Interference Tips For Your RF Spectrum
2019-09-29 | 5 min read
Today’s crowded spectrum is rife with interferers ranging from harmless to threatening. These intentional or accidental signals can wreak havoc on a wireless system, creating issues such as noise in the channel or even loss of service. Hard to predict and detect, interference creates difficult mitigation challenges. Overcoming interference begins with knowing what kinds of interferers exist and how to detect and overcome them.
Types of Interference
There are two basic kinds of interferers: in band and out of band. With in-band interference, a transmitter is transmitting directly on top of another signal. The legitimate signal is at a particular frequency and then someone brings in an illegitimate transmitter on the same frequency. Usually, you can identify those emitters more easily than out-of-band interferers.
With out-of-band interference, a transmitter is turning on at a different frequency. When it turns on, however, it has intermodulation distortion or harmonic mixing that causes it to mix with another nearby signal or even the receiver itself. The impacted receiver could be acting as a mixing receiver, which causes a harmful interference product to show up on the frequency.
For applications like interference detection, users perform signal monitoring—a combination of spectrum monitoring and signal analysis—over the air (OTA). Such monitoring does not take place in a chamber, but rather out in the real world. As a result, the user cannot control what the receiver is seeing, which leads to the need to record, trim, and process signals of interest.
Signal monitoring systems perform three basic measurements: energy detection, signal classification, and emitter geo-location. These functions provide guidance and assistance in issues regarding ITU/regulatory, spectrum security, or monitoring/intercept. For example, applications like the following increasingly call for spectrum monitoring: facilities monitoring, satellite/outdoor ranges, drone monitoring, and signal intelligence (SIGINT).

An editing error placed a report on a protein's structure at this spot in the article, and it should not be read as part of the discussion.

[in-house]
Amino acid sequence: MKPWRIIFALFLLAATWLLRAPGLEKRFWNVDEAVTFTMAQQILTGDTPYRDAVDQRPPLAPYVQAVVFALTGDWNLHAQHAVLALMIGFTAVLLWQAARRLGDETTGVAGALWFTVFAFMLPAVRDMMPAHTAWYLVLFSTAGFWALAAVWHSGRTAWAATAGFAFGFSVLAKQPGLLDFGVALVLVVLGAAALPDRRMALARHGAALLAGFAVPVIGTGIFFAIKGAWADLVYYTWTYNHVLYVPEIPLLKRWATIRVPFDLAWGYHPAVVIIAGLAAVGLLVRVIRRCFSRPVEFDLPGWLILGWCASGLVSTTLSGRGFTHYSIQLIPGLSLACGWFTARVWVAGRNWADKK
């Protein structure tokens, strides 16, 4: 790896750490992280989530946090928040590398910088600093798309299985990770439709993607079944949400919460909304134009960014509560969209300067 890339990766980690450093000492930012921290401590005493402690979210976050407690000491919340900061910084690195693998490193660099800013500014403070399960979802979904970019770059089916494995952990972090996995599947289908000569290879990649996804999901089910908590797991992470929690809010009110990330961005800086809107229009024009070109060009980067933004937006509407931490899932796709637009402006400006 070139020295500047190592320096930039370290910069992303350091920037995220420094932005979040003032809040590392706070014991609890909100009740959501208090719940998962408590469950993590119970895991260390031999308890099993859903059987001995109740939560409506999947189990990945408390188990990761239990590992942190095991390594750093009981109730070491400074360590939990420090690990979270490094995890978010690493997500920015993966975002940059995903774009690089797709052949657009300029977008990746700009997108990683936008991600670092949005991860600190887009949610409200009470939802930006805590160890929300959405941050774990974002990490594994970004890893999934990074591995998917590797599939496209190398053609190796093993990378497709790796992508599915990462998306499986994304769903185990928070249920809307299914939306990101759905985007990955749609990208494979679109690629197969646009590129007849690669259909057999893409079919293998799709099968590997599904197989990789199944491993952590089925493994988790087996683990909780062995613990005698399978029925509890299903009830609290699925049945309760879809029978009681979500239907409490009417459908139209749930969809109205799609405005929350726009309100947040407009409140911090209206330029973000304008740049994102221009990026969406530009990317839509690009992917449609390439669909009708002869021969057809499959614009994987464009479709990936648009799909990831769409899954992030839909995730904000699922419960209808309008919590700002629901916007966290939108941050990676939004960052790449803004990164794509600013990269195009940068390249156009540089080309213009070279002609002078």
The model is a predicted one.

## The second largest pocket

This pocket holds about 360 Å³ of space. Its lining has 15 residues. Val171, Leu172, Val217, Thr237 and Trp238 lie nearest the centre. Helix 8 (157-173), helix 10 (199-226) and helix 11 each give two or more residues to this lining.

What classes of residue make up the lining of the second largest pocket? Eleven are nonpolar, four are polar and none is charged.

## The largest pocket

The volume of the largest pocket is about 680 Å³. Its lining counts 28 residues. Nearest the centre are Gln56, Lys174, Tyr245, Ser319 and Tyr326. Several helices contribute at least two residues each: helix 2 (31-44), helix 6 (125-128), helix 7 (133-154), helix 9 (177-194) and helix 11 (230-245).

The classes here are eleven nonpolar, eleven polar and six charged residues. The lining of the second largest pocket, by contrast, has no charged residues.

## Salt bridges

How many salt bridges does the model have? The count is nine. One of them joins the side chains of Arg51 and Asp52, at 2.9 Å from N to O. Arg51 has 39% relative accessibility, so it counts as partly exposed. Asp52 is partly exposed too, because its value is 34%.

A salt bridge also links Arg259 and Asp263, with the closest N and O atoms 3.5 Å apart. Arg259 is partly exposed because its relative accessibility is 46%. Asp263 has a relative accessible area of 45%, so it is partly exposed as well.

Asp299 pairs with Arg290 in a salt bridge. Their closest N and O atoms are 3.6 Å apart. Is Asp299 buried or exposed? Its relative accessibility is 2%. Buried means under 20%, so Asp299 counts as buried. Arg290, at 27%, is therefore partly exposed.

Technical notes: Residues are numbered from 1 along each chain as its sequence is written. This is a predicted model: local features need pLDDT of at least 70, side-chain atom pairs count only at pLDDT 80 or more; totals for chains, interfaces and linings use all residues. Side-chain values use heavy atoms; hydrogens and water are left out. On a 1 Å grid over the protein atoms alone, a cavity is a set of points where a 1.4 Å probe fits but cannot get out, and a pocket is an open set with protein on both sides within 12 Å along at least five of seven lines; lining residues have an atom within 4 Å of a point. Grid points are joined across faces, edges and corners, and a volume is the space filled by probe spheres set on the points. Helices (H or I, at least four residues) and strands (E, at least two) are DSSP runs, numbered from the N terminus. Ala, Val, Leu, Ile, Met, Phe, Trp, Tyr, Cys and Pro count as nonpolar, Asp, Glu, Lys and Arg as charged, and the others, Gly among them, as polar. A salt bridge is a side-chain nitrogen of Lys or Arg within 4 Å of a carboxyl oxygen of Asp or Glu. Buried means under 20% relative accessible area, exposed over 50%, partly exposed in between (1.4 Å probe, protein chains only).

More signal events occur in today’s spectrum, leading to a rise in interference. Government and commercial organizations must detect, locate, and mitigate any problem signals. Finding the source of such interference is difficult. One approach is placing time-synchronized RF sensors around the area of concern. A central control facility can collect and analyze data from these sensors. Software can detect, identify, and provide a location of interfering signals using a unique RF fingerprinting algorithm. Discovery of that fingerprint anywhere in the spectrum can trigger geolocation, which leads to the emitter location.
Another possible step involves using a handheld analyzer in conjunction with the geolocation software. A geolocation algorithm can pinpoint the location of the interfering signal down to less than 100 meters, but you still need feet on the street for those last few meters. You can point a handheld analyzer with a directional wand antenna in different directions to pick up the strongest signal and walk toward it. Determining the source of a moving signal, such as something transmitting from a vehicle, is a bit trickier. Continuous monitoring and geolocation over time can provide the direction and speed of the moving signal.
Think about mitigating interference as dealing with one problem at a time. To identify a transmitter, for instance, you can make a recording of it. An IQ recording gives you all the information about that signal. When you make an IQ recording, you also can leverage software to utilize it across different applications. You can then use spectral analysis tools to identify whether it is a signal showing up in the wrong band, for example.
Keep in mind that interference is often intermittent, making it very hard to pinpoint the source. Often, an interferer no longer appears when equipment is set up to detect and locate it. To hunt down the interference, use real-time spectrum analysis tools for the most effective approach.